I rented an E.V. with my husband over the three-day Memorial Day weekend in the Boston area. At the city’s airport, one rental company (Budget) was offering a 50 percent discount to renters who switched their reservation from a conventional car to an E.V. In a statement, Budget said, “We find that E.V. rentals are most attractive to customers who have the ability to plan for charging throughout their journey.”

I had already reserved an E.V. online, so I didn’t qualify for the half-price deal, the customer representative said. Even so, my rate wasn’t bad for an airport rental on a busy holiday weekend — about $89 a day, including the myriad fees and cash back on an Amazon gift card, under a deal with Budget.

The first car we were offered, a Kia, lacked a basic charging cable. So we asked for another car and were given a Chevrolet Bolt, which had one. We planned to do at least some charging by plugging it into a traditional outlet at the home where we were staying. But as we quickly learned, such “Level 1” charging is painfully slow — you get just a few miles of range for an hour of charging.

We found an Electrify America charge station near a local mall that had four ports. Two were fast chargers (the others were slower but serviceable ports, where charging the car would have taken more than an hour). One fast charger was available when we showed up on a Friday afternoon. The car was charged to 83 percent in about 30 minutes at a cost of $6.72, including tax. (That was a nice change from a typical $50 tab to fill up my gas car.) We paid with a credit card. Some charging networks offer discounts if you create an account using their apps, and some locations cost more at peak times.

The visit went smoothly. Still, half an hour is different from filling up your gas tank in five minutes.

Driving the car was fun. E.V.s are quiet and peppy because their design allows them to accelerate quickly. One difference that took some getting used to was the car’s “regenerative” braking, a feature common in E.V.s and hybrid vehicles that feeds energy back to the battery when the car slows, boosting its range a bit.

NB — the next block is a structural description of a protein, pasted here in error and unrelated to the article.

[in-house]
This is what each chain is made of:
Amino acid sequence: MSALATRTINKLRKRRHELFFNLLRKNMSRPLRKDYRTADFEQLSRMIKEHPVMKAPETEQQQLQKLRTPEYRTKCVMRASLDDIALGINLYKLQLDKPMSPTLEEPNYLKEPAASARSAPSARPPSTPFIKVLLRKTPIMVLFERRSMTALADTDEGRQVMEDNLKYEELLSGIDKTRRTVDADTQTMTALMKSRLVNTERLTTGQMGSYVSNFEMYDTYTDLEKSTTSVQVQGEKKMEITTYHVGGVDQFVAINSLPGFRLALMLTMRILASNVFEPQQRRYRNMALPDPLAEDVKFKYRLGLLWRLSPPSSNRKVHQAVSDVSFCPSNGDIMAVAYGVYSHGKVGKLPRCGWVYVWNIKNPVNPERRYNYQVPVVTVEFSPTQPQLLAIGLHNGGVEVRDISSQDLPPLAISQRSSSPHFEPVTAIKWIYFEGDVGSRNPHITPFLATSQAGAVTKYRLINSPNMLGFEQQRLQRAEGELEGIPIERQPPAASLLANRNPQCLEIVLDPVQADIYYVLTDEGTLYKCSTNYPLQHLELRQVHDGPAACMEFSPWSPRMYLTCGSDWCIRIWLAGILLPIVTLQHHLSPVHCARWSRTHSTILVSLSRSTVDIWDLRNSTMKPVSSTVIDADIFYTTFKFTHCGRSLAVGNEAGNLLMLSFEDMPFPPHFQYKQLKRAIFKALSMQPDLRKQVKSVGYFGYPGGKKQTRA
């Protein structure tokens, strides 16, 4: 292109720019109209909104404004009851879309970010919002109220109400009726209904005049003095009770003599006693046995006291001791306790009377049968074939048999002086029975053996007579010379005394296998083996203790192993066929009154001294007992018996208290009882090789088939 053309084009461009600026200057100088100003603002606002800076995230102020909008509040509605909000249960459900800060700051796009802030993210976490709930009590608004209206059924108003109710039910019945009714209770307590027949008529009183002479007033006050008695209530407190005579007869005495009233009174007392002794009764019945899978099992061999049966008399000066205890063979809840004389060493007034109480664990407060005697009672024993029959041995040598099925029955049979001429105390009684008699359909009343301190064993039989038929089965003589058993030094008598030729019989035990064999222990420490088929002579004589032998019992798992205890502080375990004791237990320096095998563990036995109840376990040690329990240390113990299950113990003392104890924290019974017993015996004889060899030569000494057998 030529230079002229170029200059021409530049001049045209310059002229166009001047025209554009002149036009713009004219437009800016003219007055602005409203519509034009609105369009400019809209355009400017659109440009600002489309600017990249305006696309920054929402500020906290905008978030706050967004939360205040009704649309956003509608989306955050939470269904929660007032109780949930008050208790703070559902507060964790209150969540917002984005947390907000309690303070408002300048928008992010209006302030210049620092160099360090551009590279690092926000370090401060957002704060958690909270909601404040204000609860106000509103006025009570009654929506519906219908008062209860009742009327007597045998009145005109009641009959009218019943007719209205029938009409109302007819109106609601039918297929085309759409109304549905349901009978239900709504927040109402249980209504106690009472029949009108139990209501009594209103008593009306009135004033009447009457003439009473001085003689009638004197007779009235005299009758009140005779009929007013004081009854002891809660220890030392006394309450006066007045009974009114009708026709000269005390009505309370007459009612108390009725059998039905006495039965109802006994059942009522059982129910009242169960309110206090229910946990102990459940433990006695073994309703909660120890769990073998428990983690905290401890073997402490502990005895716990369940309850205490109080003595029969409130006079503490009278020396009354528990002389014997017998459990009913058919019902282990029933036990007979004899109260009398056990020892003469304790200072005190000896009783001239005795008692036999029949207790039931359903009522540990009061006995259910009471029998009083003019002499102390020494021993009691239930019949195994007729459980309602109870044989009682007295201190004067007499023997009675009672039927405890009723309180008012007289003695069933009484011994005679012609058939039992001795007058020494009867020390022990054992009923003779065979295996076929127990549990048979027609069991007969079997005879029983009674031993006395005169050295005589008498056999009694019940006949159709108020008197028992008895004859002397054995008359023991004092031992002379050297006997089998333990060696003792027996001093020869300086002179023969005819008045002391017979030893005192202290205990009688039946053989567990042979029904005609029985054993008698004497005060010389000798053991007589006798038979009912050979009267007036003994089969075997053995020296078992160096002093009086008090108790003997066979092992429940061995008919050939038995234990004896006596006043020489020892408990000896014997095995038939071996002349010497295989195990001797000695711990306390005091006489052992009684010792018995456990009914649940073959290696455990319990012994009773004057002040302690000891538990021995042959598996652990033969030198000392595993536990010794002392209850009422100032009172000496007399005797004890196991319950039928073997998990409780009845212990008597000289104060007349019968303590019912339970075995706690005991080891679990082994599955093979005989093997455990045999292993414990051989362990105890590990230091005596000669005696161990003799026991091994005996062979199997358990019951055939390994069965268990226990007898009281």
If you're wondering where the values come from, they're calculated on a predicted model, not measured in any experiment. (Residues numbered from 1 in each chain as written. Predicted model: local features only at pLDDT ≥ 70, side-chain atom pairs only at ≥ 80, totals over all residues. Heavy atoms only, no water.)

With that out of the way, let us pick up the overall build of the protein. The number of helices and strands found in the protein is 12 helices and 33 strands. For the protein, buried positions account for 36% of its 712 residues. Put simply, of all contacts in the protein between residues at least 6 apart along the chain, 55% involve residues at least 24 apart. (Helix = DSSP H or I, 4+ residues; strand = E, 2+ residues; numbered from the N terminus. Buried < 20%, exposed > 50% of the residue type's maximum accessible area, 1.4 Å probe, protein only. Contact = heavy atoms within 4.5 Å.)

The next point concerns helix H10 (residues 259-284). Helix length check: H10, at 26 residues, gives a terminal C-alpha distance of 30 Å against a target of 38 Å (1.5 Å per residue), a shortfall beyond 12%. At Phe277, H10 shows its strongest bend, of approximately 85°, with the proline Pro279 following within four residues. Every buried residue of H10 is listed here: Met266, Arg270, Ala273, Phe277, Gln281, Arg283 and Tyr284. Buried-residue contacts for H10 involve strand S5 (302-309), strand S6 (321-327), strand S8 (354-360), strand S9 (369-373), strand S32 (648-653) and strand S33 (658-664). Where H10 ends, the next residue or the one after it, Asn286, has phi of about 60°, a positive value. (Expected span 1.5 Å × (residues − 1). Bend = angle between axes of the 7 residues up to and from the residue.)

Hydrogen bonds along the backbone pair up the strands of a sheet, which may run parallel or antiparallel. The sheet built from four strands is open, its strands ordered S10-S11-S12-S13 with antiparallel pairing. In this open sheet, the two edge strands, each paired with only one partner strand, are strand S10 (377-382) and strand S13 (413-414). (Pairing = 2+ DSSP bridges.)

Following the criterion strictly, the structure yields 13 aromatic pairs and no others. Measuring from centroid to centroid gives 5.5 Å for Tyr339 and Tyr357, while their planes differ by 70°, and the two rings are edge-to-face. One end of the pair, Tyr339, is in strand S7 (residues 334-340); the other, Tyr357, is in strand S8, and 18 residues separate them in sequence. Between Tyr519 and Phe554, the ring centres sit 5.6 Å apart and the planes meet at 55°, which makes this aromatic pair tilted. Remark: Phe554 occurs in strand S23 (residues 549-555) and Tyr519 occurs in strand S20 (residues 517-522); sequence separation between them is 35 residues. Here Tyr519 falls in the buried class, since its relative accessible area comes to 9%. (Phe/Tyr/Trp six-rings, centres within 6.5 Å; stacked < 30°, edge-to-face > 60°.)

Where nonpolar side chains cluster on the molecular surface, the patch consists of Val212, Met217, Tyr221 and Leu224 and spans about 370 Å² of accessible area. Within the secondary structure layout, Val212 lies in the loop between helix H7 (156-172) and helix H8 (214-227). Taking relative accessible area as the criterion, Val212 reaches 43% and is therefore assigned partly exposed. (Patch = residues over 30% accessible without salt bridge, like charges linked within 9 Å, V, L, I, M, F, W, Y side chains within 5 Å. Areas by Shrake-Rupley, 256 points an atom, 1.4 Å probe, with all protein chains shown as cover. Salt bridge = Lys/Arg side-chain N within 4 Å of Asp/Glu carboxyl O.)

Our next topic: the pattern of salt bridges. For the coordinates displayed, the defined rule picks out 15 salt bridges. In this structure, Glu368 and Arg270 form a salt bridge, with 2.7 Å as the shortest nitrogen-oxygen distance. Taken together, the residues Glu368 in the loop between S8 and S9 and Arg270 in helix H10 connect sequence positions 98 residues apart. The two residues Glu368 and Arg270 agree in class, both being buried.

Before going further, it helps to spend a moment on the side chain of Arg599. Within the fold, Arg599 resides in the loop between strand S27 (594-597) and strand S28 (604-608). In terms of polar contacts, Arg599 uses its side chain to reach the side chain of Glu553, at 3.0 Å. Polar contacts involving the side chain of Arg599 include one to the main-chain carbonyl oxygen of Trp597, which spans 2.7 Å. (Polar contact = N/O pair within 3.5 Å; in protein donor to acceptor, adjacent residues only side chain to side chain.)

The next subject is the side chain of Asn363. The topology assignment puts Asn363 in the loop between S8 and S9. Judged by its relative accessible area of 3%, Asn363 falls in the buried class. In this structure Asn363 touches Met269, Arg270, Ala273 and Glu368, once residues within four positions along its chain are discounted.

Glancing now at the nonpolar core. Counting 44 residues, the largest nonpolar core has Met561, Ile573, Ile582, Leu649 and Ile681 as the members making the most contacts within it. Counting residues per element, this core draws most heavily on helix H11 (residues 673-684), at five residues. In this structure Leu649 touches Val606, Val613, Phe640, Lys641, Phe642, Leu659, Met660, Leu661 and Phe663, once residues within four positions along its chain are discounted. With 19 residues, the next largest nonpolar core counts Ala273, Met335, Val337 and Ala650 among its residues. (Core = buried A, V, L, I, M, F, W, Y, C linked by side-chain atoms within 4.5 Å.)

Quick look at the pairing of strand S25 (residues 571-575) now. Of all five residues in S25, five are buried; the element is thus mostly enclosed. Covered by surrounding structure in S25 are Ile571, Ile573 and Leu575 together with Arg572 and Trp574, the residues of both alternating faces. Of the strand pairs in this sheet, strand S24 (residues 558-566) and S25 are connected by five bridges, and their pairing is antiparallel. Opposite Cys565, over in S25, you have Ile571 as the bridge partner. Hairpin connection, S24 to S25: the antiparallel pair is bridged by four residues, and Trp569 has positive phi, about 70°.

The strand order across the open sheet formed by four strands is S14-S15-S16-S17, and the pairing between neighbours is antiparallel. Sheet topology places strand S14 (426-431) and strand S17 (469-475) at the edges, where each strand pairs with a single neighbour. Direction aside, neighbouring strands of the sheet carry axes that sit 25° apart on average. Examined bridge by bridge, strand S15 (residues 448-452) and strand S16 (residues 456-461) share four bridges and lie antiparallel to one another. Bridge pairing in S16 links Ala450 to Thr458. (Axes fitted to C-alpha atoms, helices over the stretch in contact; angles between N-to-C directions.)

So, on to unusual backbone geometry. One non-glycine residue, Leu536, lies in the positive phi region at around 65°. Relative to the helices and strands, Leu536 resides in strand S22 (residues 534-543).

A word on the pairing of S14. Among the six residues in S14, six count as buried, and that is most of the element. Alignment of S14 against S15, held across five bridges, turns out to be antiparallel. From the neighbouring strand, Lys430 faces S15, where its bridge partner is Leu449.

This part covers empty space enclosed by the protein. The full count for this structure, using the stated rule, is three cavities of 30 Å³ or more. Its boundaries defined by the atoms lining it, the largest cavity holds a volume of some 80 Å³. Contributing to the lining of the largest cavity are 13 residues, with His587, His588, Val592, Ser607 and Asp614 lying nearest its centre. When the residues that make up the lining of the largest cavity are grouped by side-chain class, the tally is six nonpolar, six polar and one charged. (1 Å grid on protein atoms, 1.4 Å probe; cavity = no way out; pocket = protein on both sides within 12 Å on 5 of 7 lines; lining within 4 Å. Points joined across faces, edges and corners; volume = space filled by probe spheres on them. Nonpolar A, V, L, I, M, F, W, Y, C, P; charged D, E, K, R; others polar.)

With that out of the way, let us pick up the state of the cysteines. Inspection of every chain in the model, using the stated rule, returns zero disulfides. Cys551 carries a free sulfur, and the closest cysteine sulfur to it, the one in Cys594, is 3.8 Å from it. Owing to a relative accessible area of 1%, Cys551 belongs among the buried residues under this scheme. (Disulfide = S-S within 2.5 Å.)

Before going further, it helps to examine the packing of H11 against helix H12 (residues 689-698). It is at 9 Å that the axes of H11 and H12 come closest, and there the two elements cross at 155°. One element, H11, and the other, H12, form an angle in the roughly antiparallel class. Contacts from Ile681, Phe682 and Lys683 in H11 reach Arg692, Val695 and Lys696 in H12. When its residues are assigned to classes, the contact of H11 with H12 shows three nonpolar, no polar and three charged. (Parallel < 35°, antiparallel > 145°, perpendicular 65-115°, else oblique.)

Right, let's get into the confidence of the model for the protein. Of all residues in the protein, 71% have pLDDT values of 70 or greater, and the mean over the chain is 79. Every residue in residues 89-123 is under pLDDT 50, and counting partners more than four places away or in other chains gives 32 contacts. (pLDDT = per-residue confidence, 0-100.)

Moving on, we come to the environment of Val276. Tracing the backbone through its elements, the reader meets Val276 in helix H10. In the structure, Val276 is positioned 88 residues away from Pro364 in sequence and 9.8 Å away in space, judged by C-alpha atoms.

In practice, this means the car quickly loses speed when you take your foot off the accelerator so you rarely have to use the brake pedal. (It’s also why E.V.s have less range with highway driving. There’s typically less braking.)

We liked the car enough to reserve one for a longer period, later in the summer, at an off-airport Budget location. Renting there — and paying in advance — worked out to about $31 per day for a late June/early July rental.

Here are some questions and answers about renting an E.V.:

Typically, rental companies provide you with the car charged at 70 percent or more and require that you bring it back at the same level. If you bring it back below that level, you may pay a fee. (Budget charges $35.)

Hotels increasingly offer free charging as a perk, but call ahead to confirm that the chargers are working. Airbnb says searches on its website for properties with chargers grew more than 80 percent from 2022 to 2023. The company recently announced a partnership with ChargePoint, a charging network, to offer hosts discounts to install E.V. chargers.

Most network mobile apps alert you when the car is almost charged so you can leave to, say, get a coffee or a quick meal and return when the car is ready. It pays to plan your stops at chargers that are close to restaurants or other services.

But don’t dawdle. If you fail to move the car once the battery is sufficiently charged, you may face “idle time” fees meant to deter users from hogging ports when other cars are waiting.